Online estate agents are making an appearance in the property market, giving landlords more options for selling unwanted property. Instead of a commission based on a percentage of the sale value, some online agents charge a fixed fee. This fee stays the same regardless of how much the property sells for. Be prepared though because the lower the fees, the more work falls on you.

Some landlords have the time (and patience) to do this themselves. Busier landlords can’t be bothered and would rather pay the letting agent and property manager fees for peace of mind and a quick sale. Another fee to consider is the one an agent might charge if you sell your property while still under a fixed agreement. This means that even if you sell your property using a different estate agent, you’ve now broken the terms with your current rental agent and may need to pay a penalty or exit fee (more on this later).

How much are estate agent fees?

When discussing a commission, most estate agents collect 1.5 – 3% of the property’s value when sold. When working with an online agent, the fees range from £99 to £1000.



Early termination fees are common in most agreements. And a rental agent agreement is no different. If you’ve signed an agreement with a letting agent or property manager, there’s likely a term associated with it. That means that canceling the agreement before the term is over could result in an early exit fee. This fee is in place to protect the agent against unreliable landlords. Similar to a security deposit paid by the renter to cover damages to the property or late rent, early exit fees protect the agent’s business.

If you break your agreement due to poor service, you can challenge the exit fees. In other cases, if the terms aren’t outlined specifically in the agreement, you may also get away with exiting without any fees. Some things that classify as poor service are failing to collect rent, not properly maintaining the property, or ignoring specific landlord requests. To avoid complications, make sure all stipulations are included in the agreement with your agent. List all exit fees and service costs.

In the event that the agent insists on charging early exit fees, you can follow these complaint procedures


One benefit of dealing with letting agents is that as of 1 October 2014, it’s a legal requirement that agents be part of an approved redress scheme. These schemes can help resolve disputes between you and the agent.

Redress schemes protect both landlords and agents, mediating disputes between agents and landlords as well as between agents and tenants when agents fail to deliver services as promised.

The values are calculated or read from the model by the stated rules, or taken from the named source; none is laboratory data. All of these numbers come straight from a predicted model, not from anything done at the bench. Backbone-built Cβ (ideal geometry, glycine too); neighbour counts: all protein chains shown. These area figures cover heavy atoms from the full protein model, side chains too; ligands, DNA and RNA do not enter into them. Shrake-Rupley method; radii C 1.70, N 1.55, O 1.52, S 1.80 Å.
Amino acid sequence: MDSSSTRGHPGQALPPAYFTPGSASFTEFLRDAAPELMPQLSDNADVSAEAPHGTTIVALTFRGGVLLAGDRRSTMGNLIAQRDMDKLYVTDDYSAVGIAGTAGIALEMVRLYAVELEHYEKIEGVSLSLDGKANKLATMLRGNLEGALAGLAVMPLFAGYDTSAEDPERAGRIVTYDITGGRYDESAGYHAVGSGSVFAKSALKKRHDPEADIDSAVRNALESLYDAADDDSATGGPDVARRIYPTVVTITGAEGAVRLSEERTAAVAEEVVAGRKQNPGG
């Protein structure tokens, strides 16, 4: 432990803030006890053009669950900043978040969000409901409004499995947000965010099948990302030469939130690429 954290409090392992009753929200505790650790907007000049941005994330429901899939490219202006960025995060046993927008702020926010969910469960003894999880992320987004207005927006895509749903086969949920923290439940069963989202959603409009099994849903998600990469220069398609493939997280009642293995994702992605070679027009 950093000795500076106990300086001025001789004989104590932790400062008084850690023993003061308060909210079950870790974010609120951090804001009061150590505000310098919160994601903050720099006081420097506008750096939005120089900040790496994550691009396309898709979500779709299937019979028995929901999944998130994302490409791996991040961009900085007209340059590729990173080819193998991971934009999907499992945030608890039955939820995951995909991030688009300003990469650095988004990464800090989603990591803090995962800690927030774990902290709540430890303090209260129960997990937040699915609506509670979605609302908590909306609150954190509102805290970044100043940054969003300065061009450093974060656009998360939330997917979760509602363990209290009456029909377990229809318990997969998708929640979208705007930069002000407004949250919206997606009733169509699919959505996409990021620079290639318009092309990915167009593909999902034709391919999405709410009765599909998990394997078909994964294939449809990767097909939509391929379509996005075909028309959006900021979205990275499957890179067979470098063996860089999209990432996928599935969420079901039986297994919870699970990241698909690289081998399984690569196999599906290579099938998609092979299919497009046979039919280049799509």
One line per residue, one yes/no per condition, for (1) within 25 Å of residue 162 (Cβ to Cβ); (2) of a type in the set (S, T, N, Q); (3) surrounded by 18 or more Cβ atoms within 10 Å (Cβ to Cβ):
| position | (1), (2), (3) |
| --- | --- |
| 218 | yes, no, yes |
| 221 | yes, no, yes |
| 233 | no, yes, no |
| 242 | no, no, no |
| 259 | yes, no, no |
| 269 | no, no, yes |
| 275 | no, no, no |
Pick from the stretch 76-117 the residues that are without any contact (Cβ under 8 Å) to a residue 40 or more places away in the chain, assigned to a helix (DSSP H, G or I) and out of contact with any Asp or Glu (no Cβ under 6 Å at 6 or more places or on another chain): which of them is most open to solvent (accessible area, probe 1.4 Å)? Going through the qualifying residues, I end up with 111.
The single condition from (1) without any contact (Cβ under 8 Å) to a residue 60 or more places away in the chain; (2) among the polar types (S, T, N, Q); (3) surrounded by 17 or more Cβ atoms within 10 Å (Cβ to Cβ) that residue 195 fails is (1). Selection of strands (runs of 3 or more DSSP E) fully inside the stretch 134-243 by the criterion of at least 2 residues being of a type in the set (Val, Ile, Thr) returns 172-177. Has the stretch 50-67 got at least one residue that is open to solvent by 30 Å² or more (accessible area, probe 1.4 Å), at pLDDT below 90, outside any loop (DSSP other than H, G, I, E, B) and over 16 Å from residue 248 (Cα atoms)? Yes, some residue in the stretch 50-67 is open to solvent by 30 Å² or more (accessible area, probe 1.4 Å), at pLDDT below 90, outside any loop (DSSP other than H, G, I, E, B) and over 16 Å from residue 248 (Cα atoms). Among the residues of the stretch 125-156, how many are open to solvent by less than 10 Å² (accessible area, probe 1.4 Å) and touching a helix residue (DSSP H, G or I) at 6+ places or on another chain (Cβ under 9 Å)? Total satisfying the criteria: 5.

Landlords who aren’t happy with the letting agent’s internal complaints procedure or response can take your complaint to one of these schemes. Letting agents must clearly outline which schemes they’re part of. The most popular government-backed schemes are

  • The Property Ombudsman (TPO)
  • The Property Redress Scheme”

How much are letting agent early exit fees?

So, how much will you be charged if you exit an agreement too soon? Exit fees can run as high as 10% of the remaining rent. You’re also required to pay them for the remainder of the term. This means if you want to end your agreement with six months left (and there are no possible disputes present), and the rent is  £1,000 per month, your exit fee would be £100 per month, totaling £600.



Another part of the tenancy agreement is how much tenants must pay if they’re late on rent. These late payment fees are in place to encourage renters to pay on time. Letting agents can use a portion of these late payment fees as their commission. Because late payments must be tracked and chased, it’s only right at the agent receives payment. Landlords should negotiate this fee with the agent and include it in the agreement. You don’t want to incentivize the idea that agents can make money off of tenants who don’t pay on time.

How much are letting agent late payment fees?

Plan to pay the letting agent between 5 and 10% of whatever late fees you charge the tenant. Tenants usually pay 5% of the rent as a penalty for not paying on time.



Landlords must record a detailed list of items contained in the rental property to protect themselves against any damages. This list is essential for dispute resolution. Letting agents and property managers can help you compile these lists for a fee. It may be worth it since performing inventory also includes documenting any missing or damaged items for proof and reference later on.

How much are letting agent property inventory fees?

Having a letting agent or property manager handle inventory could cost you up to £100. Larger homes or properties that include three or more bedrooms might cost double (£200). You can find our letting agent fee calculator at the top of the page.


What does a property manager do: The fees

All in all there are a range of benefits of getting a property manager.

You can get a subset of services, or hand over full management of your property.

Now comes probably the most important part of selecting your property or letting agent.. fees!

Rent Round enables you to simply enter your postcode and the services you want.

We then provide you the best property agents in your area, based on rating, letting fees and types of properties they manage.

Our service is completely free and we never charge landlords.

Use the postcode search bar below to start the process of saving on rental costs!


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To work out estimated costs of a property manager, you can use the calculator below.

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marta wonder

I got the best priced agent in my area with all the services I wanted. Using Rent Round I could see all the local agents in my area after just putting in my postcode.